Addiction Affects Thousands of Pennsylvanians and Their Families

addiction medicine

In the United States, addiction affects millions of people, including thousands in Pennsylvania. Addiction, also known as substance abuse disorder, is a chronic medical condition characterized by a compulsion to use substances despite losing money, relationships, family members, employment, freedom, health, dignity and even life. Addiction can be a devastating condition, but there is hope. Substance abuse disorder is treatable, and there are many ways healthcare professionals can help those suffering from addiction.

“Addiction is a complex medical condition that affects the brain’s reward, motivation, memory, and related circuitry,” said Ramez Altuwijri, MD, a psychiatrist at the Penn Highlands Behavioral Health Outpatient Center in DuBois. “It is characterized by the pathological pursuit of reward and/or relief through substance use and other behaviors, which results in biological, psychological, social and spiritual consequences. It is important to note that addiction can impact anyone. It is not associated with a certain social or economic status, age, sex or race.”

There is a common misconception that drug addiction is a result of moral weakness or a lack of willpower. This type of thinking leads many to believe that quitting drugs is as simple as making a choice to stop.

In reality, addiction is a chronic disease that alters the brain, making it difficult to quit even for those who desire to do so.

There is no single factor that can determine whether or not a person will develop a drug addiction. Rather, addiction risk is influenced by a variety of factors. Addiction is characterized by an intricate interplay between brain circuits, genetics, the environment and a person’s life experiences. The more risk factors a person has, the higher the likelihood that drug use can lead to addiction.

Addiction involves cycles of relapse and remission. Without proper treatment or recovery efforts, addiction can worsen and cause significant behavioral and social dysfunction.

Addiction medicine specialists offer evidence-based prevention, diagnosis, evaluation, treatment and medical management services for individuals dealing with substance-related health conditions or unhealthy substance use. It is common for family members who are impacted by their loved ones’ substance abuse to seek help from addiction medicine specialists.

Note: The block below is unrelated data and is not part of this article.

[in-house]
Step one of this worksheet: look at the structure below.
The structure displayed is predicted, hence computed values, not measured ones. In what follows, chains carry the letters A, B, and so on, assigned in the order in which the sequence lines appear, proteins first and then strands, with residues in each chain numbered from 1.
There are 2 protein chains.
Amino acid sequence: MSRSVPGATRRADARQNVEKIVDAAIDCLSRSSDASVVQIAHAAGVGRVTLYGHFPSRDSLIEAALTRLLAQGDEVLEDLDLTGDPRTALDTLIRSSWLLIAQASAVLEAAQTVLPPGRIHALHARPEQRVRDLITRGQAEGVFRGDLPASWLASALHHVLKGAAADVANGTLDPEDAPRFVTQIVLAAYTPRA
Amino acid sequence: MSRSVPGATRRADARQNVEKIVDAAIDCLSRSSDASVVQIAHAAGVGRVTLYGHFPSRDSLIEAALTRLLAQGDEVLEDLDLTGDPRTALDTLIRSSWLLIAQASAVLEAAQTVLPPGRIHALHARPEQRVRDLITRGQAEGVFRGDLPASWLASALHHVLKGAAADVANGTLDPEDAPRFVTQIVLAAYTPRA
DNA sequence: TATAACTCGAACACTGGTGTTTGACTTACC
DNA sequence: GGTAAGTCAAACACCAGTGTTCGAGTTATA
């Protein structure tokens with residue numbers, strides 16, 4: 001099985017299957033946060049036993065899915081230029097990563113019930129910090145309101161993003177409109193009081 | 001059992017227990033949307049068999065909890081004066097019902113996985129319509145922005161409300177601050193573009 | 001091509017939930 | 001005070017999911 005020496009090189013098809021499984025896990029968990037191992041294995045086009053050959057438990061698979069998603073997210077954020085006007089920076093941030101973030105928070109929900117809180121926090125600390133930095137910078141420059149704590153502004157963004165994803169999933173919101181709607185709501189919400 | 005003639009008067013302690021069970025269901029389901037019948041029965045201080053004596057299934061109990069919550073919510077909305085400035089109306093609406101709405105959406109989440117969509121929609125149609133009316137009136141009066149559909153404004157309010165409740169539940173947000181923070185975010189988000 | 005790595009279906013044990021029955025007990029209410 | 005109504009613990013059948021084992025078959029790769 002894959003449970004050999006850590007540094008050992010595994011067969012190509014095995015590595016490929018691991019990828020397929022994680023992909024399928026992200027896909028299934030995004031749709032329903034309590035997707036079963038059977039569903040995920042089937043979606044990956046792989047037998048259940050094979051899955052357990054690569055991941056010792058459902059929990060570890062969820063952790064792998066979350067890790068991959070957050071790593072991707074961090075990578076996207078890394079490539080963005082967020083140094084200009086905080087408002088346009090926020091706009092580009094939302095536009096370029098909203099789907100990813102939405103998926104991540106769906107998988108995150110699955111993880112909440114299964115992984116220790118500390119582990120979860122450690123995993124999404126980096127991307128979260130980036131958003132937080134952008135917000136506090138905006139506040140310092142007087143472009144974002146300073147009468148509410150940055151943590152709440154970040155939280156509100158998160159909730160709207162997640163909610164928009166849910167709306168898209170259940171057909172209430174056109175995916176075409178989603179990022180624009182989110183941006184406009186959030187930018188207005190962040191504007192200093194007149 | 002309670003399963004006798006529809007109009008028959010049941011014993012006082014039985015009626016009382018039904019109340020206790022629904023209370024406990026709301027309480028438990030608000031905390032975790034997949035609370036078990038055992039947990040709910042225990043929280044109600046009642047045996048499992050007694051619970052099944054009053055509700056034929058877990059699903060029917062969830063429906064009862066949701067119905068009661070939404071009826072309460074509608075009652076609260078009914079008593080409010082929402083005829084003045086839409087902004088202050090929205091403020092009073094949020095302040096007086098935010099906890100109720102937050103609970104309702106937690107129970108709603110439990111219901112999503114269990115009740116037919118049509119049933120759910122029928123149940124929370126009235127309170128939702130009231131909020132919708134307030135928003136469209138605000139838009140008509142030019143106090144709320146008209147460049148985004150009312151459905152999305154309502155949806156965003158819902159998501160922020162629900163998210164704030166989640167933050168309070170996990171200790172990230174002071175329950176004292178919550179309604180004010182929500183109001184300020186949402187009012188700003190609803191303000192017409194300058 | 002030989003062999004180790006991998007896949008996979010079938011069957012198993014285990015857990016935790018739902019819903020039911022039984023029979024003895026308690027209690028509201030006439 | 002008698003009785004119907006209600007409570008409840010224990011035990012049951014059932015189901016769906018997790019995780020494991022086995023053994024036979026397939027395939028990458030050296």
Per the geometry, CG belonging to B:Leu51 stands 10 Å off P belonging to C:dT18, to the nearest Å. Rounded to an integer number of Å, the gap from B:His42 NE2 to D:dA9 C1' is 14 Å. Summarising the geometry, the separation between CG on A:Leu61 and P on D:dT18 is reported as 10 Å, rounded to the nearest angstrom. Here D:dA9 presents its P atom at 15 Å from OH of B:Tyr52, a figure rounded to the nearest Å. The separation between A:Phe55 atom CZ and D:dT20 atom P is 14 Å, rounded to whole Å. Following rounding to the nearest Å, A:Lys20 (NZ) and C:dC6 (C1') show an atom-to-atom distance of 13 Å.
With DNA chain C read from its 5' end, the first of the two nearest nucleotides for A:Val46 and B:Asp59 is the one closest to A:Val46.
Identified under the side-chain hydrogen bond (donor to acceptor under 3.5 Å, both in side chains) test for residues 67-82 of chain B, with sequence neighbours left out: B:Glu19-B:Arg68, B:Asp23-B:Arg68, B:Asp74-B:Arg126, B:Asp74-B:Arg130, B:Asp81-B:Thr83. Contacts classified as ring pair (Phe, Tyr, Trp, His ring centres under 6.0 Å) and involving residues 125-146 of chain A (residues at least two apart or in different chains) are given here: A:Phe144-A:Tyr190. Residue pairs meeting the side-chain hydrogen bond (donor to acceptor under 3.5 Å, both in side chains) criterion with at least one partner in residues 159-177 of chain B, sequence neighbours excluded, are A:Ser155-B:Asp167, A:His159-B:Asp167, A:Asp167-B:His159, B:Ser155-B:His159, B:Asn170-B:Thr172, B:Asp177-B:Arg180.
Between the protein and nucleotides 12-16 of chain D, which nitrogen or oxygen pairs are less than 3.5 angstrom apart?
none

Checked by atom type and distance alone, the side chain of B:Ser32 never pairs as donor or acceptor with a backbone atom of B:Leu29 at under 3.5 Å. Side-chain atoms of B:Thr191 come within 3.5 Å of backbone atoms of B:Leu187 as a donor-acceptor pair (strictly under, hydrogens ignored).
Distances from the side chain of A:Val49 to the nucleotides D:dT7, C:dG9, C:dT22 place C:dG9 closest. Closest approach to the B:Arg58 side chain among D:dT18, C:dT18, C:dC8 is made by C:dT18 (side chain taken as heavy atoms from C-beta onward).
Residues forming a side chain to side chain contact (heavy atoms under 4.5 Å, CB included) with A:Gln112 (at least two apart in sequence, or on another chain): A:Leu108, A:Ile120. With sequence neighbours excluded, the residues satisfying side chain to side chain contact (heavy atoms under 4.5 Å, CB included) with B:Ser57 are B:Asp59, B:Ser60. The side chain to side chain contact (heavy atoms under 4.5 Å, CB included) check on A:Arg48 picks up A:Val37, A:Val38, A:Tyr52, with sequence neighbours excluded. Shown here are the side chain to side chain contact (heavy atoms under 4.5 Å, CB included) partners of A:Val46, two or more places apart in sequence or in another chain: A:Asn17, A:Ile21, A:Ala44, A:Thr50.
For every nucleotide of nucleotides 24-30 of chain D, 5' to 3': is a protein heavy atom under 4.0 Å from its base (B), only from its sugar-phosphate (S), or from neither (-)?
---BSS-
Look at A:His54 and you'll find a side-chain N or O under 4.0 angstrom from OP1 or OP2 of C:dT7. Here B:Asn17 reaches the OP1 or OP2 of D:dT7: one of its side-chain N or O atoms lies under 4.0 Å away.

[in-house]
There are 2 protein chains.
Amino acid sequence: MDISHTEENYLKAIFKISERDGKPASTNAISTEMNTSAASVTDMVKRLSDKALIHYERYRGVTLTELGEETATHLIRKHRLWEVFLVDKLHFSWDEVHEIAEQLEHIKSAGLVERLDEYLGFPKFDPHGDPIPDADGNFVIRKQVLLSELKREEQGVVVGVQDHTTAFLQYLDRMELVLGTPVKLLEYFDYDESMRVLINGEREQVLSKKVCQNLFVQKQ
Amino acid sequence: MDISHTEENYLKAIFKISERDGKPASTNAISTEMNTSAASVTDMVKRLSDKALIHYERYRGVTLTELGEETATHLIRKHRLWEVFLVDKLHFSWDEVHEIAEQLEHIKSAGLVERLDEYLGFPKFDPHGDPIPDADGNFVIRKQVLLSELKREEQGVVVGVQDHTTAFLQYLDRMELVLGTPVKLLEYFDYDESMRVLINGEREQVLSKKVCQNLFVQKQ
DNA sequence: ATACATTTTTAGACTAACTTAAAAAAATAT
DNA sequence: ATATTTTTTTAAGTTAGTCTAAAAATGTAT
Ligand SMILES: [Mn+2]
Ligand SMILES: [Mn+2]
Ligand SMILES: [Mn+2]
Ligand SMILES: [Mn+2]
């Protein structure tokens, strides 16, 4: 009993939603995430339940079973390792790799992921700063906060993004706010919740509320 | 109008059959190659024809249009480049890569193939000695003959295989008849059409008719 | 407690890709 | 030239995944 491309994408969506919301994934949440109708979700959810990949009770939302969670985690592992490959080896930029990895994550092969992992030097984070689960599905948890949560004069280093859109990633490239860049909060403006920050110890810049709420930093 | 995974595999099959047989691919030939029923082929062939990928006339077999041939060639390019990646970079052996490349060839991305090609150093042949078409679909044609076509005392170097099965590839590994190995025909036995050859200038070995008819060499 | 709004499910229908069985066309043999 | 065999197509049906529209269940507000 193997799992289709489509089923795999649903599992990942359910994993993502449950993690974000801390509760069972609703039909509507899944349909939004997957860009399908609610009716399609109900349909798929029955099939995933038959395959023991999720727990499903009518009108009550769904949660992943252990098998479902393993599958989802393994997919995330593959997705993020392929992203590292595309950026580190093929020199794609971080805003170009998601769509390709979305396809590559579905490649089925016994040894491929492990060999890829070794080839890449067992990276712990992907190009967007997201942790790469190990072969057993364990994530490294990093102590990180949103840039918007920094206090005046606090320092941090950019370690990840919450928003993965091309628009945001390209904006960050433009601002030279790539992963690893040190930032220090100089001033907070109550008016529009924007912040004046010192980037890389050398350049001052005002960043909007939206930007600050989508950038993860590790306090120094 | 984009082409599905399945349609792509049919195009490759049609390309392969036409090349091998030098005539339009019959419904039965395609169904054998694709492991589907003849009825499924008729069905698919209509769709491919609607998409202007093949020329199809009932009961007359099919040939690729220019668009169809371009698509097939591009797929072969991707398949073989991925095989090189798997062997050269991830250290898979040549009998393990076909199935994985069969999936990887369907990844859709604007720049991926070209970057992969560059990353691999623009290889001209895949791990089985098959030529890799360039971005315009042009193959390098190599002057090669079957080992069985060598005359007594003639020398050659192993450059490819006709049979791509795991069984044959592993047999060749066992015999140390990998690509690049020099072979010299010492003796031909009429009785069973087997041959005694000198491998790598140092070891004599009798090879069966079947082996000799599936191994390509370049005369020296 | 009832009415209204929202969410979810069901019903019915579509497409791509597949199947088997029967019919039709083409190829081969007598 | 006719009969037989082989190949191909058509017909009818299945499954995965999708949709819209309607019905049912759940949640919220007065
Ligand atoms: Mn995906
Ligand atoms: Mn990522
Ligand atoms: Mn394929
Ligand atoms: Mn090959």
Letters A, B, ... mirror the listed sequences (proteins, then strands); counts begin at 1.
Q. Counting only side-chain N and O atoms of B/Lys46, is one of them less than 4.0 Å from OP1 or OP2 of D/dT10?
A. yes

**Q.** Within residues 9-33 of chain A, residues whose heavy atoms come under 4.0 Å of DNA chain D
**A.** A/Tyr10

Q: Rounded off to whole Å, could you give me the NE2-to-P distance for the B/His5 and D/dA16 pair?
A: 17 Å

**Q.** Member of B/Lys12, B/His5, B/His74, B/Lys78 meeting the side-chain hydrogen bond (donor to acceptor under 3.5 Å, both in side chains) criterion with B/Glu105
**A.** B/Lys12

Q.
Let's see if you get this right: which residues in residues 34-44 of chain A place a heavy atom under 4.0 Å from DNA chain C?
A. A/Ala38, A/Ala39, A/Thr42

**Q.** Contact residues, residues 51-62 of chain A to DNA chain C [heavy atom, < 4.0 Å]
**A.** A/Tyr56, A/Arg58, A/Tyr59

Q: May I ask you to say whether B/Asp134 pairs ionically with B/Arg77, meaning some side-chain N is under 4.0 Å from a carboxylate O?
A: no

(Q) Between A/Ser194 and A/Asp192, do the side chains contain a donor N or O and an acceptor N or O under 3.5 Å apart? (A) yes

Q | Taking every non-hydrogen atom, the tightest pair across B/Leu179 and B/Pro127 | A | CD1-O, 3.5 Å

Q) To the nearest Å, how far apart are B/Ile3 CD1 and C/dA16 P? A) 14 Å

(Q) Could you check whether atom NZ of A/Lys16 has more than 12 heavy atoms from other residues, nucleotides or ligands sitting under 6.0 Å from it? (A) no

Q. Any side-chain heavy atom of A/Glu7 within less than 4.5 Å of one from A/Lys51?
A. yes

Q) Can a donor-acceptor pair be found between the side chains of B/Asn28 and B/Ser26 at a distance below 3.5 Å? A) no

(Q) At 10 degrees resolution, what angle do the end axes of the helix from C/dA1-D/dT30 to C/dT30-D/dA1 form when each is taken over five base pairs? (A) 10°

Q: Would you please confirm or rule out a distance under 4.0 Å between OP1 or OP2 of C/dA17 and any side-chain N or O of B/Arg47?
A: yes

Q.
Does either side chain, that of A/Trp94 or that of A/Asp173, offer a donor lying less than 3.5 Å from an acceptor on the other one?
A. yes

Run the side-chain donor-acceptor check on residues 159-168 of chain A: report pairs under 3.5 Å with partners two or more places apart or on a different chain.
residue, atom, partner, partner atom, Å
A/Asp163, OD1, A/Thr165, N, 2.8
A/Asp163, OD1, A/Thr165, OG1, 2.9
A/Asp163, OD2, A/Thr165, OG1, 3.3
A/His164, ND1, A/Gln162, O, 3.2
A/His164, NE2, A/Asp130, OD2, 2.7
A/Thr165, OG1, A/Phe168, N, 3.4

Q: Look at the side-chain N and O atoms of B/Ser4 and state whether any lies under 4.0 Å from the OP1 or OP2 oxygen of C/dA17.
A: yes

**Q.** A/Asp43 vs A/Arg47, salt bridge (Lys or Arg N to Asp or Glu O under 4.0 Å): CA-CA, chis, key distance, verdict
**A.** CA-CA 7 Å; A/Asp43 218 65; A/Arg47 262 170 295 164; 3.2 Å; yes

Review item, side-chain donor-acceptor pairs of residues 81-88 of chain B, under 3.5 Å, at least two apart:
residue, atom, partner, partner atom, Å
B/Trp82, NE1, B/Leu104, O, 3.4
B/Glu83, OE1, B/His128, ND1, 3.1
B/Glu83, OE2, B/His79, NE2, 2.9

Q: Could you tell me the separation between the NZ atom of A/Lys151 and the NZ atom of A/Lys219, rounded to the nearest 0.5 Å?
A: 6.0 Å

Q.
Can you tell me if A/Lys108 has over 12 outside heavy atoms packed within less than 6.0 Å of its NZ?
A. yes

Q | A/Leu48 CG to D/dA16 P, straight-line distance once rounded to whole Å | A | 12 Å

“Medication-assisted treatment is a structured approach used to treat various types of addiction, including opioids, alcohol and tobacco,” said Dr. Altuwijri. “The medication helps patients remain in treatment, abstain from drug use and stay alive.”

For opioid addiction, drugs such as Suboxone and Zubsolv are used to decrease cravings and limit withdrawal symptoms by occupying the receptors in the brain that would have been stimulated by drugs like heroin. These medications are not a cure for addiction but allow patients to quickly resume their daily lives and begin counseling to address other issues associated with addiction.

Treatment for alcohol use disorder involves three FDA-approved oral and injectable medications. The length of medication-assisted treatment is indefinite, as patients need to develop the ability to cope with stressors and triggers that previously led to drug or alcohol use before they can discontinue medication.

The initial step towards recovery is acknowledging the issue. Lack of awareness can hinder the recovery process. Although concerned friends and family can intervene and prompt treatment, self-referrals are always welcomed and encouraged.

Penn Highlands Healthcare offers outpatient and intensive outpatient (IOP) addiction care. Outpatient treatment serves those with both substance and behavioral (gambling/gaming, sexual, pornography) addictions. The substance use disorder (SUD) treatment is addiction focused and includes individual and/or group therapy. Specialized groups, such as trauma-informed care and relapse prevention also are offered. IOP treatment addresses stress and emotional well-being, as well as the ability to develop and implement skills to increase proper communication and reduce likelihood of relapse and stress. To learn more, visit